This summer I’m fortunate to have the help of an intern, Anna Heltemes. She’ll be my guest blogger every other week for the summer. I’ll be previewing and approving all her posts and will assure that they all adhere to Health At Every Size (HAES) principles.
Hi, I’m Anna Heltemes, a junior at Iowa State University studying Psychology. I have been in recovery from my eating disorder for 3 months. I want to eventually become a mental health counselor who helps others with eating disorders. I know how much pressure it can put on the individual and their loved ones, and I want to be able to use my experience to aid others in regaining control of their life. I am excited to be interning with Hope Network LLC for this summer!
This last year has shown me how easy it is to get lost in our thoughts and worries. It is harder to find a way to redirect your mind towards what needs your attention in the moment. With my spring semester at college finishing up, I was able to take a step back and see all of the highs and lows of this year. I was able to reflect on my experiences and remember the good times I got to spend with my loved ones. Looking back though, I also recognize the numerous amount of times I was not present with my friends while having game night, instead being whisked away into thoughts of anxiety, insecurity, and uncertainty.
When someone you love is struggling with an eating disorder, it can be tempting to want to worry about them constantly and try to fix it your way. But, that tends to cause more harm than good. The most important thing you can do for yourself and the individual you love, is to stay grounded. One of the greatest ways to dothat is to practice mindfulness. “Mindfulness meditation asks us to suspend judgment and unleash our natural curiosity about the workings of the mind, approaching our experience with warmth and kindness, to ourselves and others.” (Mindful Communications & Such, 2021). Mindfulness is all about observing our experiences with a nonjudgmental frame of mind and with a loving perspective.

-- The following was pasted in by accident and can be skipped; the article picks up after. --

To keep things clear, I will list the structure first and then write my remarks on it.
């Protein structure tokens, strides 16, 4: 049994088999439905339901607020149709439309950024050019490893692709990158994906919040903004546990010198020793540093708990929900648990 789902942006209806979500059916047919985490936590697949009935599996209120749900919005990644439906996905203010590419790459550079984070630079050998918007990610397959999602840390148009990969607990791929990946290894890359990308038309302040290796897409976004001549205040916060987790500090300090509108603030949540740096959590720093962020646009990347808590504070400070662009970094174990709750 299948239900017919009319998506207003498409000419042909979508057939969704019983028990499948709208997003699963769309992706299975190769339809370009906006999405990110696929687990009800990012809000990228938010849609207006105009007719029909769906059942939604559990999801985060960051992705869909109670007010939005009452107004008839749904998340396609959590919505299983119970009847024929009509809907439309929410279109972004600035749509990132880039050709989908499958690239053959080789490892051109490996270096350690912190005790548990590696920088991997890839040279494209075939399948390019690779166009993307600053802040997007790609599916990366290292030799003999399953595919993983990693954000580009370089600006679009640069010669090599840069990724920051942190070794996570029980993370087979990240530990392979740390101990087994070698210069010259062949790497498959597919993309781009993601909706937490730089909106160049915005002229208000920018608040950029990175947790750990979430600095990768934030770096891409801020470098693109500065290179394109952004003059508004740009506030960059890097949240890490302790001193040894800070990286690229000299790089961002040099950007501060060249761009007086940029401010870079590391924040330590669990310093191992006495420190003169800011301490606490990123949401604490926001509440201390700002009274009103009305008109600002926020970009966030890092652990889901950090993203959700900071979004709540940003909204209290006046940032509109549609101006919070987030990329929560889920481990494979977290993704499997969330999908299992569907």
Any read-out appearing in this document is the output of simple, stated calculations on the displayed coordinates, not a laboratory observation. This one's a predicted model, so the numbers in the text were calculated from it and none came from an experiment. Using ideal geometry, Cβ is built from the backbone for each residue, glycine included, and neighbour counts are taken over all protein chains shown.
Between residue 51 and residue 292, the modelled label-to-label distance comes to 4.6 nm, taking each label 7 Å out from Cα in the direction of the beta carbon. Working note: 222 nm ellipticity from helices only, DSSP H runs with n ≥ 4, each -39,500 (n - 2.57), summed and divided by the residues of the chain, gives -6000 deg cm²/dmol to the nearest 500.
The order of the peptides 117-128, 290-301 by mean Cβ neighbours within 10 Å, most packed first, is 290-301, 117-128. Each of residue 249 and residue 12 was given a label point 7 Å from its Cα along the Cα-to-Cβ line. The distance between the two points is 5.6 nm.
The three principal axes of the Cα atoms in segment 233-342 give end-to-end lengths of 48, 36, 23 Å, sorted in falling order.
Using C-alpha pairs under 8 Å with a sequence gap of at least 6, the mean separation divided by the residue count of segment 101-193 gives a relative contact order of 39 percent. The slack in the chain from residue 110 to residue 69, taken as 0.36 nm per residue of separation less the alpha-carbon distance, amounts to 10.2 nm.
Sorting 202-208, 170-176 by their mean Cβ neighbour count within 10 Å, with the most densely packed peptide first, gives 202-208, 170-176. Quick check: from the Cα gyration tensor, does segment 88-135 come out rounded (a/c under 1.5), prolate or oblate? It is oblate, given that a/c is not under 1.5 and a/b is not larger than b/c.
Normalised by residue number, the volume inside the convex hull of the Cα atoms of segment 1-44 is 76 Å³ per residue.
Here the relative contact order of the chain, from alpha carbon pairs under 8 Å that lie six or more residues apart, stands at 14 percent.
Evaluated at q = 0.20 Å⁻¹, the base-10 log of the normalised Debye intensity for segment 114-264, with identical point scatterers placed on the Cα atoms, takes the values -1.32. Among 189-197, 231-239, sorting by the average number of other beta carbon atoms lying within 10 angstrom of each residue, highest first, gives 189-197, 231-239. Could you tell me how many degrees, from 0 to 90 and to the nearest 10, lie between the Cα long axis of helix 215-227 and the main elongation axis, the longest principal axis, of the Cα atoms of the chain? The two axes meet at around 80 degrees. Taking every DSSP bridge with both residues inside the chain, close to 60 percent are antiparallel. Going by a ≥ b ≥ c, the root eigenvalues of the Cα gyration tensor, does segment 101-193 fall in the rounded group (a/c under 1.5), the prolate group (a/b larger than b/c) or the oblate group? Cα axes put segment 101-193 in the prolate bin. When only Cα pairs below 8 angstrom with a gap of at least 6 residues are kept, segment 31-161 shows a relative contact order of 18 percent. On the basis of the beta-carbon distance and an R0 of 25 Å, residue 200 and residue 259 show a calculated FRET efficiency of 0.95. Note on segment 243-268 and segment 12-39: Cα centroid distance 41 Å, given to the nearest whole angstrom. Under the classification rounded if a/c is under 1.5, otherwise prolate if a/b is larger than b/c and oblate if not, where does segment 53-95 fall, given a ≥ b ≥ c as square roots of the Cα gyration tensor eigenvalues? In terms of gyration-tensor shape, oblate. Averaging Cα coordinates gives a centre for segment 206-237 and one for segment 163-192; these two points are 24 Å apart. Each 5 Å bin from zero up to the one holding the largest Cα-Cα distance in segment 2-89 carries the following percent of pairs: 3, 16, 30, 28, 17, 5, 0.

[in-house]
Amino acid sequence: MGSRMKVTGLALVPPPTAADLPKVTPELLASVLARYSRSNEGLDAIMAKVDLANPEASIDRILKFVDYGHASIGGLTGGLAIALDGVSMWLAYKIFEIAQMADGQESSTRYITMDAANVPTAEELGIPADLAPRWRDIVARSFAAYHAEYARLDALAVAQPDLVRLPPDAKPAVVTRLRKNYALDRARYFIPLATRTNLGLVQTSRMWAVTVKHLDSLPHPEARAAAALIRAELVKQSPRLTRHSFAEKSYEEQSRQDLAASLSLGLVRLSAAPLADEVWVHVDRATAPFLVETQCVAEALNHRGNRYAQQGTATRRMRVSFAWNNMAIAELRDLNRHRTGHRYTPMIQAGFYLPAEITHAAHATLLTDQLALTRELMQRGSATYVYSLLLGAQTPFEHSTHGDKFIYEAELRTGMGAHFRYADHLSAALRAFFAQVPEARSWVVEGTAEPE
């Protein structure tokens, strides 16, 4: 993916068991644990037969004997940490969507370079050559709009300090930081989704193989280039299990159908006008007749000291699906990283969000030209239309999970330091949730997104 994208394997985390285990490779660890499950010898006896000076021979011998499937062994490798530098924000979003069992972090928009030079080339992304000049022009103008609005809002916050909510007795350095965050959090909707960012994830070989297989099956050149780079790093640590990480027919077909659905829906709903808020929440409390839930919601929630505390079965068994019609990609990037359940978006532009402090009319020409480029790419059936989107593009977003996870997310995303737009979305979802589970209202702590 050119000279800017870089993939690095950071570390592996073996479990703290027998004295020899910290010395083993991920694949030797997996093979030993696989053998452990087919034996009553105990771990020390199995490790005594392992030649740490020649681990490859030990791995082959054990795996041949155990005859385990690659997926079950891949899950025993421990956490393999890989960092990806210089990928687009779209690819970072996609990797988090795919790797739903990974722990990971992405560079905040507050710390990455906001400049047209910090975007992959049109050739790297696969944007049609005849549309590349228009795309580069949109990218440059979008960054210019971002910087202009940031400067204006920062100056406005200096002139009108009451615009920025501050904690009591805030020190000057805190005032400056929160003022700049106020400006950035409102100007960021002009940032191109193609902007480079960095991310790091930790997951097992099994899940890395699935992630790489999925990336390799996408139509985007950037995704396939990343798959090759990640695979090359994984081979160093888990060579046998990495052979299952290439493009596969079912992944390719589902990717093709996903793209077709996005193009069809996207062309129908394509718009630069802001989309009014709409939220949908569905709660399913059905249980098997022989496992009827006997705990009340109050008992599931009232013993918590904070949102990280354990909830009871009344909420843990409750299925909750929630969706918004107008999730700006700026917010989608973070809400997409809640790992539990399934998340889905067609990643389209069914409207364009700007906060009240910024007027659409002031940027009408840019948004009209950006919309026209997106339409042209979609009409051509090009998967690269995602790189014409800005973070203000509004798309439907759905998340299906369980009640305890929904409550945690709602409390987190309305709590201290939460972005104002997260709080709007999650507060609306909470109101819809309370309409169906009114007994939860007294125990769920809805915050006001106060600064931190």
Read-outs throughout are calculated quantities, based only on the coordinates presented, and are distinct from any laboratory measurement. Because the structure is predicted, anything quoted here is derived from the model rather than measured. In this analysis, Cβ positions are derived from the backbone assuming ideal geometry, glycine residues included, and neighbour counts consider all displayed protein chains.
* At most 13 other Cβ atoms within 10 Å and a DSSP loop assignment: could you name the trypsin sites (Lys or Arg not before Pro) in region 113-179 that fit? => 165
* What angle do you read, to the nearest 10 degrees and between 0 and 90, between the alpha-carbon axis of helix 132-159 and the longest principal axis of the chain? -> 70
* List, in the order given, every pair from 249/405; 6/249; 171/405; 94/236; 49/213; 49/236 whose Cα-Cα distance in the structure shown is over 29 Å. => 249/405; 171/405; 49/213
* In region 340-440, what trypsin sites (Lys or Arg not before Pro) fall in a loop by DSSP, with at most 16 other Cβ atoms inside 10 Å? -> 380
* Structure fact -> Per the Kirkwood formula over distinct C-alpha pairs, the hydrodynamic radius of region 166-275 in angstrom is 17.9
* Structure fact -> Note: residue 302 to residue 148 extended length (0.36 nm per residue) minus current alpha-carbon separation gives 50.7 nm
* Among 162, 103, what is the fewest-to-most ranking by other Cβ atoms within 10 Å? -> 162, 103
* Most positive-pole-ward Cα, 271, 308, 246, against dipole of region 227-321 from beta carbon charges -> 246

For example, when I got pulled away by future and past events while playing games with my friends, reminding myself that those are just thoughts and that what is most important right now is enjoying the time I have with my friends. Approaching those thoughts with a kind mind and recognizing that worrying is part of our brain will help you to detach from them and gain back power within your own mind.
How do you start practicing mindfulness? Mindfulness meditation can take many forms. One of the easiest ways to start practicing is by focusing on your breathing. Start by taking a comfortable seat or lie on your back. Then, bring your attention to your breath. Notice where you feel your breath in your body. Can you feel your chest or stomach rise and fall? When your mind wanders, as it will do because its job is to think, kindly bring your attention back to the present moment with your breath. This is an easy exercise that you can practice anywhere, for any amount of time. The more you practice, the easier it will be to use the same skills in daily life.
Being a human is tough work. Especially when you have so much going on in your own head plus a lot going on with the ones you love. Take good care of yourself first, as that will help you to be able to take care of others. Be kind to yourself; each day you have the chance to reground and to start anew. You will always have your breath with you, so use it as a tool that will guide you to where your attention is supposed to be.